Step 4: Disposal

STEP 1 Service Level

STEP 2 Collection

STEP 3 Transport

STEP 4 Disposal

STEP 5 Fecal Sludge

Choose the Final Wastewater Disposal / Reuse Option

Where on-site infiltration and disposal of wastewater is inappropriate, you will have to consider off-site treatment and disposal options. There are three broad options for wastewater disposal:
 
  1. Discharge to a natural or artificial watercourse or water body.
  2. Use in agriculture e.g. to irrigate crops. Attention to should be paid to the kind of crops irrigated and the method of irrigation. WHO and others have developed guidelines for reuse of wastewater for various purposes, see selected publications.
  3. Discharge to treatment ponds or wetlands, used for aquaculture or treatment before further discharge (ponds, lagoons, constructed wetlands), see selected publications.

The first is probably the most common, although crop irrigation using wastewater (generally untreated) is common in many countries. The use of wastewater for aquaculture is less common although there are some well known examples, for instance the East Kolkata Wetlands in India.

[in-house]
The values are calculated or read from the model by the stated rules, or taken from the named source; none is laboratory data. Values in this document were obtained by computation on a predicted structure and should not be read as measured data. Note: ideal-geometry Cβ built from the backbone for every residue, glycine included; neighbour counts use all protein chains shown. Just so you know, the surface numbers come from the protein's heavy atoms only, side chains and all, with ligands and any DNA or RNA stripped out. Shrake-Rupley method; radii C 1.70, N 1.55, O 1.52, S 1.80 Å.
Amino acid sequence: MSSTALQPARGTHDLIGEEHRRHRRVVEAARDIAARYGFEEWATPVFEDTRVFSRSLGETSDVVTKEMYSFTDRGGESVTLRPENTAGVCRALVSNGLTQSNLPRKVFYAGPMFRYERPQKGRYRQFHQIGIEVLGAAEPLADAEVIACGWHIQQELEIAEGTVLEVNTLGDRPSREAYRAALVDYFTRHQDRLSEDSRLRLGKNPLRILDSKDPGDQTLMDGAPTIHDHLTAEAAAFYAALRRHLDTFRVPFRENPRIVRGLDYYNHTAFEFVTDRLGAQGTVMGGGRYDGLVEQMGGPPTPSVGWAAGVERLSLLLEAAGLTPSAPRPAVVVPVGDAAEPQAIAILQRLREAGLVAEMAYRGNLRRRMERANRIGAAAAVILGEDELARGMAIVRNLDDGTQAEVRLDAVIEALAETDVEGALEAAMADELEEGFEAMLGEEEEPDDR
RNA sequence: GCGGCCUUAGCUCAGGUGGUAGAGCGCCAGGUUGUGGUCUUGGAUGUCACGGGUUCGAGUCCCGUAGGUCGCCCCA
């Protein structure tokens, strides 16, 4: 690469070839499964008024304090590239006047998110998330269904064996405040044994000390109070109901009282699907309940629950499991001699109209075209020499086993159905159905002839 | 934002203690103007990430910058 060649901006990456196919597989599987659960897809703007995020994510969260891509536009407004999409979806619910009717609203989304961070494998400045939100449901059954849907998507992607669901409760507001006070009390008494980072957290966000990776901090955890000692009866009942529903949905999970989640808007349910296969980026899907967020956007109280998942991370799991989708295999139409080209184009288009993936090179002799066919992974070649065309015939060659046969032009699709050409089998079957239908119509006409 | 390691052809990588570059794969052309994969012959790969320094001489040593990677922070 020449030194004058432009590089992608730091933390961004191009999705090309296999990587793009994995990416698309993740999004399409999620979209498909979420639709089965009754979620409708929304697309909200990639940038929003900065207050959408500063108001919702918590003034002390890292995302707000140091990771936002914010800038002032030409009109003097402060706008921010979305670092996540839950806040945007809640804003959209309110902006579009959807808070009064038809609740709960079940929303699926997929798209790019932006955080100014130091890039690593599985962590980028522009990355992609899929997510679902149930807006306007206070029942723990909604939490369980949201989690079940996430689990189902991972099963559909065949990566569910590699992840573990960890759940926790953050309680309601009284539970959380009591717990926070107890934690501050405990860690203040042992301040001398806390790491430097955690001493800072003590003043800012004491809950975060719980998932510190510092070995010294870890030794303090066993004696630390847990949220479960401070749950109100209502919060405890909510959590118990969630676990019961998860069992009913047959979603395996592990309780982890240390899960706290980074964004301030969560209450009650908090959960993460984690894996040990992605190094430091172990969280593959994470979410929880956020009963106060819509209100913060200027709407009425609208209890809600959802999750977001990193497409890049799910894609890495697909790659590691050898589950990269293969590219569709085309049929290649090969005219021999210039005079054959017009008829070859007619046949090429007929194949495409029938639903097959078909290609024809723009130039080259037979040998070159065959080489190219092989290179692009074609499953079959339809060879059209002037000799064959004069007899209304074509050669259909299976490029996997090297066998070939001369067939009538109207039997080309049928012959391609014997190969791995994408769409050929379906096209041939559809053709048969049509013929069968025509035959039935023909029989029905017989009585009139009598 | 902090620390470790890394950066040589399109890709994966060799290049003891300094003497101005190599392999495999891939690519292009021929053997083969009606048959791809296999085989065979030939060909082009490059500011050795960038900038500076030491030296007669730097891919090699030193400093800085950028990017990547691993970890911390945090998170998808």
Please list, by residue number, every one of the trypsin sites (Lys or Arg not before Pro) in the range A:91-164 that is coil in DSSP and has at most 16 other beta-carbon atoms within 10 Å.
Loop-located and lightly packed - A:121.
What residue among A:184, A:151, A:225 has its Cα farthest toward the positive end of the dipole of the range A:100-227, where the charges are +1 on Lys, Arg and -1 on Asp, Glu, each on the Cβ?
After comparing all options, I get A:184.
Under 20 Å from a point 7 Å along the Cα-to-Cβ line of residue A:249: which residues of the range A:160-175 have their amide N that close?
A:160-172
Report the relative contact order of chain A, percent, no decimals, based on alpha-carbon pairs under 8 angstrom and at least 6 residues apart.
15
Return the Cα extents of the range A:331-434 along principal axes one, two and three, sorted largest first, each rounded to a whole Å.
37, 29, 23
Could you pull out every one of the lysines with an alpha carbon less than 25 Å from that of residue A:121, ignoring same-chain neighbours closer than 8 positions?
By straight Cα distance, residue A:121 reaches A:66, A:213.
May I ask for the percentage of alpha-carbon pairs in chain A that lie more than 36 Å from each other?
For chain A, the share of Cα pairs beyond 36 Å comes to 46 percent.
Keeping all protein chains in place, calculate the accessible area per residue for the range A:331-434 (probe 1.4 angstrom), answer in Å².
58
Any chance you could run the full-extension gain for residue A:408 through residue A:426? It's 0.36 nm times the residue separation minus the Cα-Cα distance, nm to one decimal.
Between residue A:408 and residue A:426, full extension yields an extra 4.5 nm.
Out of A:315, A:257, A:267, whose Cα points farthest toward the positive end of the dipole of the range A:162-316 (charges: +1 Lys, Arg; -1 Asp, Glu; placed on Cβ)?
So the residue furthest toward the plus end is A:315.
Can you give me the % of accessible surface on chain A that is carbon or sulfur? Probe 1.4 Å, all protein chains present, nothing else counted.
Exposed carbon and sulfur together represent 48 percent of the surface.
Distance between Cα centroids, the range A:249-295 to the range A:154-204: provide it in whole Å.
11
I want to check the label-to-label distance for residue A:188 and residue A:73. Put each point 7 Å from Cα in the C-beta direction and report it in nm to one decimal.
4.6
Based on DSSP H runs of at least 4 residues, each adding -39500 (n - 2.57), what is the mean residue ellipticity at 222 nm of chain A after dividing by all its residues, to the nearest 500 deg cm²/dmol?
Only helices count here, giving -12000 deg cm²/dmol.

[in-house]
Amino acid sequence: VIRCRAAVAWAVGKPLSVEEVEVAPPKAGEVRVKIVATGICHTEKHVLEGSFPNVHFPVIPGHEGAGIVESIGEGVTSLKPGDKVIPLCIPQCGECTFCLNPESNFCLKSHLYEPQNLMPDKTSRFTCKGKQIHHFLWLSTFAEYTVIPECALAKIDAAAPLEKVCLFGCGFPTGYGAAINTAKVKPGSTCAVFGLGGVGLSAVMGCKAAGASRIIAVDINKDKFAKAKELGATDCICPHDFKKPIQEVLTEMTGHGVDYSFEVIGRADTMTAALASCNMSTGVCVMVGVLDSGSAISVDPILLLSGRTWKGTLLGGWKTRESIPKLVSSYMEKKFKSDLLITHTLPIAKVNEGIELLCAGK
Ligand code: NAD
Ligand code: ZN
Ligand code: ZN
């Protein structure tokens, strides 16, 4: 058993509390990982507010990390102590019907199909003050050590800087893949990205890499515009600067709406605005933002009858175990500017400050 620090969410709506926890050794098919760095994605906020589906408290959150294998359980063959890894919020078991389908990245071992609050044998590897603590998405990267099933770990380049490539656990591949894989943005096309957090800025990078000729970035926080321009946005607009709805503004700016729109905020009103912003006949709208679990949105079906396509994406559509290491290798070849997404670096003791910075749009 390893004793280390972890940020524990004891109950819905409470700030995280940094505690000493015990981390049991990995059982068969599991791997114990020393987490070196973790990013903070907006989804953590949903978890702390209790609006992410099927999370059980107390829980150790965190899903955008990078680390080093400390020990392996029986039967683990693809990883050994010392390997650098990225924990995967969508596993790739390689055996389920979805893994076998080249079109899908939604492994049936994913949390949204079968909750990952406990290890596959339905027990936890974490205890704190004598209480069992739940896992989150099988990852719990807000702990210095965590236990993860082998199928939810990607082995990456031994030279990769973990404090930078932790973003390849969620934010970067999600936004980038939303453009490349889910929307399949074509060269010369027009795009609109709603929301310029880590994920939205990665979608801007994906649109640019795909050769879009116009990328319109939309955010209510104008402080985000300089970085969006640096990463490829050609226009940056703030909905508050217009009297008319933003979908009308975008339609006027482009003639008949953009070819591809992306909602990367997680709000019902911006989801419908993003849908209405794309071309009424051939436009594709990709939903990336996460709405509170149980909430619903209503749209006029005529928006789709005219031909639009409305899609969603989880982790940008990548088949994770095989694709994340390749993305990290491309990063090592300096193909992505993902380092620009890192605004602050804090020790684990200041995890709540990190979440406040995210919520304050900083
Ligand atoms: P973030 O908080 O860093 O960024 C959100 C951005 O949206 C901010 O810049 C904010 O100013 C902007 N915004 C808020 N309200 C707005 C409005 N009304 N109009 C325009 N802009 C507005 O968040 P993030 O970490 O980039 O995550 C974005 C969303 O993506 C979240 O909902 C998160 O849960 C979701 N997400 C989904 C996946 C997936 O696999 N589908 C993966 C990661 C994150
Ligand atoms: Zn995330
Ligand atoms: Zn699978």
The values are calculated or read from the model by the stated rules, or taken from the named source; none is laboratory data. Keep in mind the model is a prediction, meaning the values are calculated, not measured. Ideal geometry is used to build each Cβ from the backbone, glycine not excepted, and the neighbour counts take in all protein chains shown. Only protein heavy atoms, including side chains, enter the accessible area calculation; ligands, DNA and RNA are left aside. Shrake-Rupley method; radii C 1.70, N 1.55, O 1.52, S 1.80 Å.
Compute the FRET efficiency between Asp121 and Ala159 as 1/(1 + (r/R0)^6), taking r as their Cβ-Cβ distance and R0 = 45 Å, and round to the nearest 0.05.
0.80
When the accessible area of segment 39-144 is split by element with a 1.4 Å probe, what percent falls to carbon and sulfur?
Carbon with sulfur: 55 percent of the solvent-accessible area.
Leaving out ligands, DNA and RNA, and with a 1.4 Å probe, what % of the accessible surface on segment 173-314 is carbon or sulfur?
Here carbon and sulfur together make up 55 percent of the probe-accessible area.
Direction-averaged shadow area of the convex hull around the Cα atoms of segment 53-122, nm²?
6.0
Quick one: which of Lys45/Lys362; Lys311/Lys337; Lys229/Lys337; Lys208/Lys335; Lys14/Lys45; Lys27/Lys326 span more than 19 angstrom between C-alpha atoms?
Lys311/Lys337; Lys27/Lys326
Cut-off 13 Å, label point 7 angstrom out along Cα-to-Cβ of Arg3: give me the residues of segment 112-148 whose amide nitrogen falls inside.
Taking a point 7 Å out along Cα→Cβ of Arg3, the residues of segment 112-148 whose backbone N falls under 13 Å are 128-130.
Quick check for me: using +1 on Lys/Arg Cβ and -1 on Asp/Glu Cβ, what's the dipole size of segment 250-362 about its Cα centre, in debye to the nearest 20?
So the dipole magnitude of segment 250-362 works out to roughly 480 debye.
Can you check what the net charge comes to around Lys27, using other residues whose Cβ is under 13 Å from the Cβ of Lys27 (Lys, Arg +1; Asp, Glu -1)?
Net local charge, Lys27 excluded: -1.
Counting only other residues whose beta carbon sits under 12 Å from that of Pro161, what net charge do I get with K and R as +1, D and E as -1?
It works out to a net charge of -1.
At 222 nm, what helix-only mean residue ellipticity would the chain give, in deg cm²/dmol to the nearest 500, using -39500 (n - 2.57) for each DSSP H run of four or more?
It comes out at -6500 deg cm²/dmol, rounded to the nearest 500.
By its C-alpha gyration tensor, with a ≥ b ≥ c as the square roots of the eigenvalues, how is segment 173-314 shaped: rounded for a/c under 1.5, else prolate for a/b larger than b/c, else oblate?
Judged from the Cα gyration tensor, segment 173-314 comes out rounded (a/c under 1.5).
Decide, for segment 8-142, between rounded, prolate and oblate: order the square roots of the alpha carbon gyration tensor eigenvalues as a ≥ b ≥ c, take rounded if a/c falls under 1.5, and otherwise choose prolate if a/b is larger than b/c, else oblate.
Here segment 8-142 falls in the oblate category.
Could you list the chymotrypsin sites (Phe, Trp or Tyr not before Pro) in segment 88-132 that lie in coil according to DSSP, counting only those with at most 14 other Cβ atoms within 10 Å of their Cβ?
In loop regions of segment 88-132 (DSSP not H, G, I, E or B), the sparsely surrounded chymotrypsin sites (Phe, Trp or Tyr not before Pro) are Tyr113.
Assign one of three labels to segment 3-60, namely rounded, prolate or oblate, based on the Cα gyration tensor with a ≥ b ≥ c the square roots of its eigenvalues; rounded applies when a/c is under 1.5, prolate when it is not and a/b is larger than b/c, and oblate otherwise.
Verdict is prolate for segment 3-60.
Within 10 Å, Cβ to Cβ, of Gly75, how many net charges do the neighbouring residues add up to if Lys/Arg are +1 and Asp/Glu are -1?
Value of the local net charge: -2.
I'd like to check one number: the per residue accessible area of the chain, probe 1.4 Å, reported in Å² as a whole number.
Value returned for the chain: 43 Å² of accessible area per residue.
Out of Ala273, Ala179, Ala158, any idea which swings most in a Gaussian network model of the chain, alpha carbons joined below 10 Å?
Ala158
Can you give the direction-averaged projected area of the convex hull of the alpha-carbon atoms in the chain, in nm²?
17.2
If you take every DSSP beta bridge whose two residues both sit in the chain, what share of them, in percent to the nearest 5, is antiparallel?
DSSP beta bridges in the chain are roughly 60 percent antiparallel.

Key points to consider when assessing wastewater disposal/reuse options include:
  • The strength of wastewater: Sewage will normally require treatment before it can be safely discharged to the environment or used for irrigation or aquaculture.
  • Existing disposal/reuse arrangements: If wastewater is already being used in agriculture or aquaculture, there will normally be a strong case for continuing with and improving the practice. In such cases, the focus should be on providing some form of treatment and/or better management  to reduce health risks.
  • Land availability: Treatment of sewage to the quality needed for unrestricted irrigation may require a long retention period to remove worm eggs.
  • The degree of treatment required: will depend to some extent on the way in which wastewater is applied. Drip irrigation has much lower health risks than spray irrigation but requires that solids have been removed from the irrigation water so that pipe openings are not blocked. The choices here may therefore relate to the combination of treatment and other measures applied to protect health and the environment.